Thursday, July 7, 2016

Using a Matrix for Large Writing Projects

One of the battles I face with larger projects like books or research articles is managing the mass amount of data that I collect. I've always kept handwritten lists, and as I go through the stages of
the project, I check off items from the list. Not very high tech, I'll admit, but the system worked for me.

This past year I've been writing a second edition to my book, A Guide to Creating Student-Staffed Writing Centers, Grades 6-12 (Peter Lang/USA, 2006). So much has changed in the high school writing center field over the past decade that revising felt a lot more like composing a new book. In actuality, and in hindsight, a full rewrite would have been the way to go. We live and learn even after 35+ years of writing.

The Writer's Matrix: For ideas I pondered for the book, I made an entry on the matrix. Yes, it's just a list, of course, but because I put the material in Word, I could search it. Again, simple enough, but a new way for me to stay organized. Below, I'll paste a few shots of the matrix I developed.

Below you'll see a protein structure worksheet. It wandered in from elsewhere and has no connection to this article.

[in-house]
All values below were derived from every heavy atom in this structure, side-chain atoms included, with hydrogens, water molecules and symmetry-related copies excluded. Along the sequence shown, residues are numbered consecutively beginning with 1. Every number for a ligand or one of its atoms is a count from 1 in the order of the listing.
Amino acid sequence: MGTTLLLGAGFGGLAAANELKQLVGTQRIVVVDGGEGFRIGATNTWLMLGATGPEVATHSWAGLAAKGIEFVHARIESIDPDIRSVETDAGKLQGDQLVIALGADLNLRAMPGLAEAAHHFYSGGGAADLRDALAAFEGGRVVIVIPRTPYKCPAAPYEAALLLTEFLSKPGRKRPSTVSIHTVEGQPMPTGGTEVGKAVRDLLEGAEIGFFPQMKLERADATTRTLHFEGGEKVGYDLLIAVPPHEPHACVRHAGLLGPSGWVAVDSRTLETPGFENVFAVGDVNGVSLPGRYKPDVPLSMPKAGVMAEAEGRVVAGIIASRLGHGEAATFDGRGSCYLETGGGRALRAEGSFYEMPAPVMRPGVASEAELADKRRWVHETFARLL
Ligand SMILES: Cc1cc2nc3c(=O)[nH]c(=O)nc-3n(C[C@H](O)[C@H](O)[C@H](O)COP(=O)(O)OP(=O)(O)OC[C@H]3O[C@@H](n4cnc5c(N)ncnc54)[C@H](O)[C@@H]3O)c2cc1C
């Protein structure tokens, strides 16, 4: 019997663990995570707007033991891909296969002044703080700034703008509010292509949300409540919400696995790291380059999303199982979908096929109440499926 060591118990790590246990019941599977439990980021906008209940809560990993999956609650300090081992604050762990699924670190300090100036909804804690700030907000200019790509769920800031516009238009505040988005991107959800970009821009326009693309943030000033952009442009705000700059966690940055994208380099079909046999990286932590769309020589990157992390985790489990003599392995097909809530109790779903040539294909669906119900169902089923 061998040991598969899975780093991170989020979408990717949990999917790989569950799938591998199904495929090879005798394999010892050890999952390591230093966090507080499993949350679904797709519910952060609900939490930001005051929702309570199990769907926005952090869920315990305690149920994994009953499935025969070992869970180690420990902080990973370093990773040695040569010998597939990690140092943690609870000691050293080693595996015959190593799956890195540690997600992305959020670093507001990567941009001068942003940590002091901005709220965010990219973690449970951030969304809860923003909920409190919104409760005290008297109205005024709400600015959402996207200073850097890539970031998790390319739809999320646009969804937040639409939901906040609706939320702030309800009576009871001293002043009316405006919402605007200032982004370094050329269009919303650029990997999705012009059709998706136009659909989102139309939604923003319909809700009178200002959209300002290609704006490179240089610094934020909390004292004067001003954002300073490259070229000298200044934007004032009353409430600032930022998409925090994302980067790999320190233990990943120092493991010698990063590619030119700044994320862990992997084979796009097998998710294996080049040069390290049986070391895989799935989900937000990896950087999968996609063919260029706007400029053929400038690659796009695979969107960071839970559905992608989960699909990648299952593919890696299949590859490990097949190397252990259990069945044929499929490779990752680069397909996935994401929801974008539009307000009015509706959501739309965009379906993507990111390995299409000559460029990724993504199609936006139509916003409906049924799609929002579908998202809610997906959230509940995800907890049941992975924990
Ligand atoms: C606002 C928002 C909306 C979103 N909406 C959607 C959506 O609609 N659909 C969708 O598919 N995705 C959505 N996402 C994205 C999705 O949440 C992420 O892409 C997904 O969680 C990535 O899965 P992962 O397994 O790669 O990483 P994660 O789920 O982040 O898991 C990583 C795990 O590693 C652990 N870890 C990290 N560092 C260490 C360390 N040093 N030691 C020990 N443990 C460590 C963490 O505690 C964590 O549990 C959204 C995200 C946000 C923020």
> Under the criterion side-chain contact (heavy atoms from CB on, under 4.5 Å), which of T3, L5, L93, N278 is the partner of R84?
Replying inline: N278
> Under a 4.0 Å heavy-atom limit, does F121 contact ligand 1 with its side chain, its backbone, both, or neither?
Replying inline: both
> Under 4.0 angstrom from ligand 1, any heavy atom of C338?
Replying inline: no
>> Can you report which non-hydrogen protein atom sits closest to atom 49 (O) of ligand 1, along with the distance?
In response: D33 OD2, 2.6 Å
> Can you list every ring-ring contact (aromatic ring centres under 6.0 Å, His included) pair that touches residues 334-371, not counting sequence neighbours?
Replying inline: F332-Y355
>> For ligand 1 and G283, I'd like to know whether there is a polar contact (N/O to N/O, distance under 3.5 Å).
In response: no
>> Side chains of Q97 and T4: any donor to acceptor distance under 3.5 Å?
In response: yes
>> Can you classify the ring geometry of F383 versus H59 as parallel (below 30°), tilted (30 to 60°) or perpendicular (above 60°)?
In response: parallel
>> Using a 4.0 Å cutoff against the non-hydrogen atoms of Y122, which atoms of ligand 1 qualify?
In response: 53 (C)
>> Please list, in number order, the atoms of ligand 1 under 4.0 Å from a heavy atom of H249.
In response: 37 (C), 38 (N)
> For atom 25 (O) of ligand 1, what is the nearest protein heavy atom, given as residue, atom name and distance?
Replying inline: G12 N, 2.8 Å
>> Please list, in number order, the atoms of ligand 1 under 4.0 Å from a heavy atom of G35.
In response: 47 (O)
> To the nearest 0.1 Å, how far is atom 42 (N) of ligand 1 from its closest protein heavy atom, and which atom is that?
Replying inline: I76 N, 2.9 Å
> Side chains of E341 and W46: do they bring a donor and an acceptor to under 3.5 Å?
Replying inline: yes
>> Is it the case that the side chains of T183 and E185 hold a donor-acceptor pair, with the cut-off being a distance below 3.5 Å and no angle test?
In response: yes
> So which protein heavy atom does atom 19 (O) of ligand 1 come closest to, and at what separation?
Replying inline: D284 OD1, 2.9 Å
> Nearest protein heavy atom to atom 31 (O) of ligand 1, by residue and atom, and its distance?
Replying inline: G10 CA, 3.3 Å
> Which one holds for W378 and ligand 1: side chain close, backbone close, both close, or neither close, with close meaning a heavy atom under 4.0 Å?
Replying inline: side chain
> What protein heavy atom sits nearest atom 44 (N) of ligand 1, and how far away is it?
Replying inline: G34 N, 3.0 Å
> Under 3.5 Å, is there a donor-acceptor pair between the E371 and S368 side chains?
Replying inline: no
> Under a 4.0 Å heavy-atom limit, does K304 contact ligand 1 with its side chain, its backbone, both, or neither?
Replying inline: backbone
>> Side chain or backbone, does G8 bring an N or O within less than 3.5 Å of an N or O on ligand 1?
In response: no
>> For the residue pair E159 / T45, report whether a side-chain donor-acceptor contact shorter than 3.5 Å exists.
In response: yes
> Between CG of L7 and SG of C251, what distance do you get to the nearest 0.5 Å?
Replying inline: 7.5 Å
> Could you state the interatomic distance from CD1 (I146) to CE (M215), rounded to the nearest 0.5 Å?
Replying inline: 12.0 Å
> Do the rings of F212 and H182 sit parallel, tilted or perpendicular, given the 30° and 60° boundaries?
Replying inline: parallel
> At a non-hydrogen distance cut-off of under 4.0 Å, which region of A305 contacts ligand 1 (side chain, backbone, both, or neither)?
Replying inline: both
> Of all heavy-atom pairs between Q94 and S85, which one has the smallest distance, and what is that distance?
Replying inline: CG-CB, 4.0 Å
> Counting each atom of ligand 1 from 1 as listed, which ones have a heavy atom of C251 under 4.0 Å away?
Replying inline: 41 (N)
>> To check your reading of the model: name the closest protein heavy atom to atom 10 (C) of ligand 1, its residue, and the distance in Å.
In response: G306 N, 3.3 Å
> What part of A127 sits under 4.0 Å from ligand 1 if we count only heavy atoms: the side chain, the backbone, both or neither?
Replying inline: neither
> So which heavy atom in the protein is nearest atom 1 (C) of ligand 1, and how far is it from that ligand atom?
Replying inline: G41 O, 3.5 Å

My advice? When you begin planning a project, create a matrix and list ideas. You may revise the ideas or add to them, but keep them handy. When the entire project is drafted, go back through each idea listed and search your full manuscript to make sure you at least considered or wrote about the idea. Reviewing the matrix and searching your final manuscript also helps you avoid duplicating information in your project. Again, all quite obvious, but an organizational tool that I'll use from now on. Old Dog Redux & Remix. 

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